If I'm thinking about this correctly, regardless of how the host chooses which door to open, there's a 1/3 chance the player initially picks the door with the car behind it, in which case they shouldn't switch doors and the door opened by the host will have been one of goat doors regardless of whether he was choosing at random or not (assuming he was choosing between the two doors not already chosen by the player). In the case that the player initially picks one of the goat doors, which has a 2/3 chance, if the host is picking a door randomly, there's a 50% he chooses a goat door, whereas there's a 100% chance of that of he knows where the car is and is purposely avoiding that door. But the way the problem is usually stated, we already know the door opened by the host was a goat door, so it seems that there should be 2/3 probability of the player choosing the car door if they switch to the unopened door, regardless of how the host decided which of the two unopened doors to open.
And yet, I've heard many people say that the key to understanding this problem is to realize that the host is intentionally opening a door with a goat and that, of he were instead choosing an unopened door at random, it really wouldn't matter if the player switches doors or not. Wikipedia seems to back this up:
For example, assume the contestant knows that Monty does not pick the second door randomly among all legal alternatives but instead, when given an opportunity to pick between two losing doors, Monty will open the one on the right. In this situation, the following two questions have different answers:
- What is the probability of winning the car by always switching?
- What is the probability of winning the car by switching given the player has picked door 1 and the host has opened door 3?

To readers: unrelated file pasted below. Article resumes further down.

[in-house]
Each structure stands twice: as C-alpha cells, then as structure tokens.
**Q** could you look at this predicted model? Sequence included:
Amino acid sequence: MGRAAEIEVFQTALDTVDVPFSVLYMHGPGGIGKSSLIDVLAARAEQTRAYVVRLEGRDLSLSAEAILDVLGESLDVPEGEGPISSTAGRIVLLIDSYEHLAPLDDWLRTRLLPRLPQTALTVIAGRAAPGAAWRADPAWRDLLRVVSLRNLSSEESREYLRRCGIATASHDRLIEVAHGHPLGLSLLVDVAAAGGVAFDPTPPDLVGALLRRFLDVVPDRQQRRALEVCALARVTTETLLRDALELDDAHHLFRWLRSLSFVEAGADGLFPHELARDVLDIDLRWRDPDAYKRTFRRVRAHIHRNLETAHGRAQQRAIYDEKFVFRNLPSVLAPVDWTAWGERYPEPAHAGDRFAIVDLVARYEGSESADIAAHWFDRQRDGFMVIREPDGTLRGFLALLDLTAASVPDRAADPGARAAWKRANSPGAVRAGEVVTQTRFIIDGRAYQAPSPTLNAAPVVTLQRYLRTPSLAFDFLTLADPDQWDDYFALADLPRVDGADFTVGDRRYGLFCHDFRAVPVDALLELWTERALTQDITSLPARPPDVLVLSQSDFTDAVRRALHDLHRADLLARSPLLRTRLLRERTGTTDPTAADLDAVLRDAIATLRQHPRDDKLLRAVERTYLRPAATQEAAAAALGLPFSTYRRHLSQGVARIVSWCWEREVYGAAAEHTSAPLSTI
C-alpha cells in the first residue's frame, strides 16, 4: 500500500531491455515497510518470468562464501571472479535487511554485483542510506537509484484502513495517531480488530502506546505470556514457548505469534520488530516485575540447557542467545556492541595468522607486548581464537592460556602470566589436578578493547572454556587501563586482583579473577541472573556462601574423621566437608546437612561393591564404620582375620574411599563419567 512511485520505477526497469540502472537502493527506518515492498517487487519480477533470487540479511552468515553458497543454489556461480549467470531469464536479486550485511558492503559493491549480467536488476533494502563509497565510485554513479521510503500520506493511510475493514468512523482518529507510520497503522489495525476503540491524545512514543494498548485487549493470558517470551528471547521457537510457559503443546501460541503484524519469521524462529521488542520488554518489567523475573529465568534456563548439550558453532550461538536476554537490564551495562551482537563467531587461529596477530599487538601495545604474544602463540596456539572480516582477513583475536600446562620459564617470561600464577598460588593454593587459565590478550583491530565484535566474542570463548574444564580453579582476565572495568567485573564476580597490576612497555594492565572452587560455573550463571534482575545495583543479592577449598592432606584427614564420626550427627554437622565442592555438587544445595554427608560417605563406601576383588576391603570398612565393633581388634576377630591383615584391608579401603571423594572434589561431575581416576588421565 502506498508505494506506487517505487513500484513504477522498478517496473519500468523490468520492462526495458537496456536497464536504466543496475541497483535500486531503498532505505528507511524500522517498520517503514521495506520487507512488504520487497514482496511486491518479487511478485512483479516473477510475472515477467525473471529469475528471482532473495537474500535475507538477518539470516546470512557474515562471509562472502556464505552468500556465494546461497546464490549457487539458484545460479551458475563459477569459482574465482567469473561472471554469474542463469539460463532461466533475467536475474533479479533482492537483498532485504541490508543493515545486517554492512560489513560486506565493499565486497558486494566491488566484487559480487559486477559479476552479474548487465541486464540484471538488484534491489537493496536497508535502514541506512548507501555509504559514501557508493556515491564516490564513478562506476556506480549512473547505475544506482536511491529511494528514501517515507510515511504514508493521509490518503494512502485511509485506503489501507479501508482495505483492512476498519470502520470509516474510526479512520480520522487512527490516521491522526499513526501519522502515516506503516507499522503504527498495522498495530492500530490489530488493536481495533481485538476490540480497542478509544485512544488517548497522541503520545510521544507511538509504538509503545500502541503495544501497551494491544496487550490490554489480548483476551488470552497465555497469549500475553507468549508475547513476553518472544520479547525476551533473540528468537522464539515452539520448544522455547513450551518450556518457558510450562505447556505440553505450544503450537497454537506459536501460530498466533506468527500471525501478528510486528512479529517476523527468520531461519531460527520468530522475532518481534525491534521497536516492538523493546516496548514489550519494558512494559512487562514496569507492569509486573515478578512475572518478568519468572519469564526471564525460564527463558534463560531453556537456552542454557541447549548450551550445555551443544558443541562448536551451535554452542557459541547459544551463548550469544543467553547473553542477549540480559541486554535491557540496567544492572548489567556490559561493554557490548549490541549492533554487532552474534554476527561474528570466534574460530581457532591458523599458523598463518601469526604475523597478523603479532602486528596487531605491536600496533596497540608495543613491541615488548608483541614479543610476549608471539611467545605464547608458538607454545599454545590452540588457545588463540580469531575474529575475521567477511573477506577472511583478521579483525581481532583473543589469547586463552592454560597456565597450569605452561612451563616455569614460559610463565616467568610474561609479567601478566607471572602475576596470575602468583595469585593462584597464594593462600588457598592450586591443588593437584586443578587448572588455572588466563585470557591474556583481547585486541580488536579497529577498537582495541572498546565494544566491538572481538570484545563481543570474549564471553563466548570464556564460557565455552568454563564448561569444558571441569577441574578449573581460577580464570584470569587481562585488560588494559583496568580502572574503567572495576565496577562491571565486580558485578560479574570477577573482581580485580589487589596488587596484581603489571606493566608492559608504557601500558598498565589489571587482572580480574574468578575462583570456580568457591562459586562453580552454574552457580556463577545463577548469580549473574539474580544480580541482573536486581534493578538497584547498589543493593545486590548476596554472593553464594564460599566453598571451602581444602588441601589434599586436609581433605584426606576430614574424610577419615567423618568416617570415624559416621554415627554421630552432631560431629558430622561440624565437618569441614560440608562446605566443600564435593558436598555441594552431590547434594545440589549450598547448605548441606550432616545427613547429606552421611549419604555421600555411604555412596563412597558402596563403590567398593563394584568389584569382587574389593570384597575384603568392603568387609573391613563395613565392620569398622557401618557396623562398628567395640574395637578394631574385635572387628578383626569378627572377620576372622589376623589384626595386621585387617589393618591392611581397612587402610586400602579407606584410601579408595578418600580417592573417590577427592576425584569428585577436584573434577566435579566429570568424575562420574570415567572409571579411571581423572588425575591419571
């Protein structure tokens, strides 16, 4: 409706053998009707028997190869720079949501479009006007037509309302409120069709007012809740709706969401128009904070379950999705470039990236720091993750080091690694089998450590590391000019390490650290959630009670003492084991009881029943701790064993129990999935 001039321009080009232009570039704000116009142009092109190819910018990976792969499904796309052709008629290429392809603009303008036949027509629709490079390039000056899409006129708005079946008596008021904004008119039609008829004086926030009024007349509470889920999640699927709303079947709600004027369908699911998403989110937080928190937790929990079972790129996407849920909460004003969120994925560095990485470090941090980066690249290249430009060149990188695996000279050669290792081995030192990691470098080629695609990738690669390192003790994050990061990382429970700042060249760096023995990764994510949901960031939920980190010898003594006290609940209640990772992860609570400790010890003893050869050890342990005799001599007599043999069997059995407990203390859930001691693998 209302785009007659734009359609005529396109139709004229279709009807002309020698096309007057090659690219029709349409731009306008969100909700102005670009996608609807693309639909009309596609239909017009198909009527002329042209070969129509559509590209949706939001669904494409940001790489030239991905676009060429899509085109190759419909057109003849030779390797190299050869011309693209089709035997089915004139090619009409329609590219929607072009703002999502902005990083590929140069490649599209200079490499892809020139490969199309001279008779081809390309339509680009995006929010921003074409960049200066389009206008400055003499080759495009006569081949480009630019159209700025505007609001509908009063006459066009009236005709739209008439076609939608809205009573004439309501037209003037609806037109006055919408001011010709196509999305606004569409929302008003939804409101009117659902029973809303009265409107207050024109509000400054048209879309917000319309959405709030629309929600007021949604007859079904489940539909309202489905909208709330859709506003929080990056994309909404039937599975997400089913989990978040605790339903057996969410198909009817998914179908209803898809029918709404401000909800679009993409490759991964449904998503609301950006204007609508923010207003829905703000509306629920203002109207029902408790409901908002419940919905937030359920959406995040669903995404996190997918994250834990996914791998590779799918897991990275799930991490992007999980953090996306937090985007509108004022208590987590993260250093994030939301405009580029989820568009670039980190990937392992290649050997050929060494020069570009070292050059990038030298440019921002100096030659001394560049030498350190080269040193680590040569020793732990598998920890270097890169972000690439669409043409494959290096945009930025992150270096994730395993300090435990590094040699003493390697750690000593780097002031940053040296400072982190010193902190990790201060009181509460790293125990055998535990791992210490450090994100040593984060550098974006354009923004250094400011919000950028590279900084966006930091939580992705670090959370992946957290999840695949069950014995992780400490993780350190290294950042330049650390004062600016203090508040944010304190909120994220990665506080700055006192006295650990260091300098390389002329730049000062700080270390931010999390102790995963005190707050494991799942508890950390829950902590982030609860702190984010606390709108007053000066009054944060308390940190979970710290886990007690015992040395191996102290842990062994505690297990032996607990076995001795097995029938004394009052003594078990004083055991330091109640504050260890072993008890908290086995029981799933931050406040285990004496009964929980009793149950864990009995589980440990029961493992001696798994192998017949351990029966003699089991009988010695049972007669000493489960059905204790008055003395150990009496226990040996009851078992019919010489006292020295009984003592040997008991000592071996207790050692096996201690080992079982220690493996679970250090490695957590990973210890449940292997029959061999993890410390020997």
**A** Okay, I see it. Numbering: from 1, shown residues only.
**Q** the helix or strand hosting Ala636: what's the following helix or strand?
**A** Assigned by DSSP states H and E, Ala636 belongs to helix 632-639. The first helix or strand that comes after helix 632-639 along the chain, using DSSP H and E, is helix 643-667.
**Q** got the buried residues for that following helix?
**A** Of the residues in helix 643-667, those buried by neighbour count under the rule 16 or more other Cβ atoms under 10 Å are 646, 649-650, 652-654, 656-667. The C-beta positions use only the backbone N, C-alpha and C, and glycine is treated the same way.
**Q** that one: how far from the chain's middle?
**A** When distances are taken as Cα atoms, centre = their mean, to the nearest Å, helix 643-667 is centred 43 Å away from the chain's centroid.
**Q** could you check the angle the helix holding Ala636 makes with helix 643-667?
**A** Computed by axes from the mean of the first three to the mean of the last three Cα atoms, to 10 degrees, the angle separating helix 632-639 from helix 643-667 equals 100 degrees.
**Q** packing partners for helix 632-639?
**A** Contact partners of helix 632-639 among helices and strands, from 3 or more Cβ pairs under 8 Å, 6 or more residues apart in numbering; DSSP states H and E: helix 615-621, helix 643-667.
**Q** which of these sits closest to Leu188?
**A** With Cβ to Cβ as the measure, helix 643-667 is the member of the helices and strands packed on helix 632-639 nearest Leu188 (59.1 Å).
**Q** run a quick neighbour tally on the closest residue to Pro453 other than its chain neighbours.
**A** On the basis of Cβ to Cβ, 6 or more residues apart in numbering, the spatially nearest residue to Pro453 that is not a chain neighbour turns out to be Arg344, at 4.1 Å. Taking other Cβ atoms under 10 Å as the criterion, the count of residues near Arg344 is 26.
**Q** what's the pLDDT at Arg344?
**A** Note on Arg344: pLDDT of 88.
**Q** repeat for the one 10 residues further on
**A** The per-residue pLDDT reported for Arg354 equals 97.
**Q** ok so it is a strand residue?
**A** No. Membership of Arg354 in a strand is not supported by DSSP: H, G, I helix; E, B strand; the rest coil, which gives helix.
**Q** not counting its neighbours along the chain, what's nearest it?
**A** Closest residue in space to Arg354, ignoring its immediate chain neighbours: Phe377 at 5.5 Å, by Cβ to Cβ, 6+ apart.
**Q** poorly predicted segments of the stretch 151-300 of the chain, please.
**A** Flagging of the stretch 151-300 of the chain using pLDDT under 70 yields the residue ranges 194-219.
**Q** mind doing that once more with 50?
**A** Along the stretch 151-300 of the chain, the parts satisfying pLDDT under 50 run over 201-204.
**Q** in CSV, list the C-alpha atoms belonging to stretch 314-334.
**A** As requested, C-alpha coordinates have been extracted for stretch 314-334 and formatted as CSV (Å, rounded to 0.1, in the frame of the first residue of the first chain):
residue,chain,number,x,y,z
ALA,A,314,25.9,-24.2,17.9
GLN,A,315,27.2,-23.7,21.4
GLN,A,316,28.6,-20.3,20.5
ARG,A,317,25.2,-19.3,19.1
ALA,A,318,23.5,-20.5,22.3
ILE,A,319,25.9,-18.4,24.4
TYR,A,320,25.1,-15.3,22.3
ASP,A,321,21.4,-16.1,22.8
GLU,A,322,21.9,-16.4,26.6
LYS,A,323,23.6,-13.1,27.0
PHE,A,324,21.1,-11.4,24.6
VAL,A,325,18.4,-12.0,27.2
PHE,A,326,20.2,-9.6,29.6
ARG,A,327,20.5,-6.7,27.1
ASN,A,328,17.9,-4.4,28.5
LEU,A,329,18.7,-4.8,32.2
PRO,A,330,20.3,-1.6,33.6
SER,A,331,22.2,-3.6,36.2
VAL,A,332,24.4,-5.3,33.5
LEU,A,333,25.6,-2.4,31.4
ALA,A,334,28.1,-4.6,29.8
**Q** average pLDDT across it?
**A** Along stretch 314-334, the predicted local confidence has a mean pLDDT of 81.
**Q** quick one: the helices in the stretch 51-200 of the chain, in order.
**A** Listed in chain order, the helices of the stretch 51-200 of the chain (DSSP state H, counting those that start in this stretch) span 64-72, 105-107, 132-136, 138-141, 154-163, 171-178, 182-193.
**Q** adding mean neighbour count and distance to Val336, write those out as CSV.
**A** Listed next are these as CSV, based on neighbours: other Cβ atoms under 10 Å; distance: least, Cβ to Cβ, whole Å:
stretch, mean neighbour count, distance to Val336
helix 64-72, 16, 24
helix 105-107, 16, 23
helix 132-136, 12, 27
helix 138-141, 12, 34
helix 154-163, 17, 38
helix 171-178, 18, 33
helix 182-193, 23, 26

The answer to the first question is 2/3, as is correctly shown by the "simple" solutions. But the answer to the second question is now different: the conditional probability the car is behind door 1 or door 2 given the host has opened door 3 (the door on the right) is 1/2. This is because Monty's preference for rightmost doors means that he opens door 3 if the car is behind door 1 (which it is originally with probability 1/3) or if the car is behind door 2 (also originally with probability 1/3).
This isn't quite the same distinction as whether the host is choosing randomly or not, but the core thing I'm not understanding is why it matters at all how he chooses which unopened door to open, since we already know which one it is. I'm trying to figure it out by relating it to other conditional probability scenarios where the prior probability is clearly relevant, such as the textbook example of a medical test with a high accuracy rate where the probability that a positive result is correct depends on the prior probability the patient had the disease. I understand Bayes' theorem and medical test examples and the like fine. But I'm not seeing a clear way to make an analogy to variations of the Monty Hall problem where the host isn't purposely never choosing the door with the car.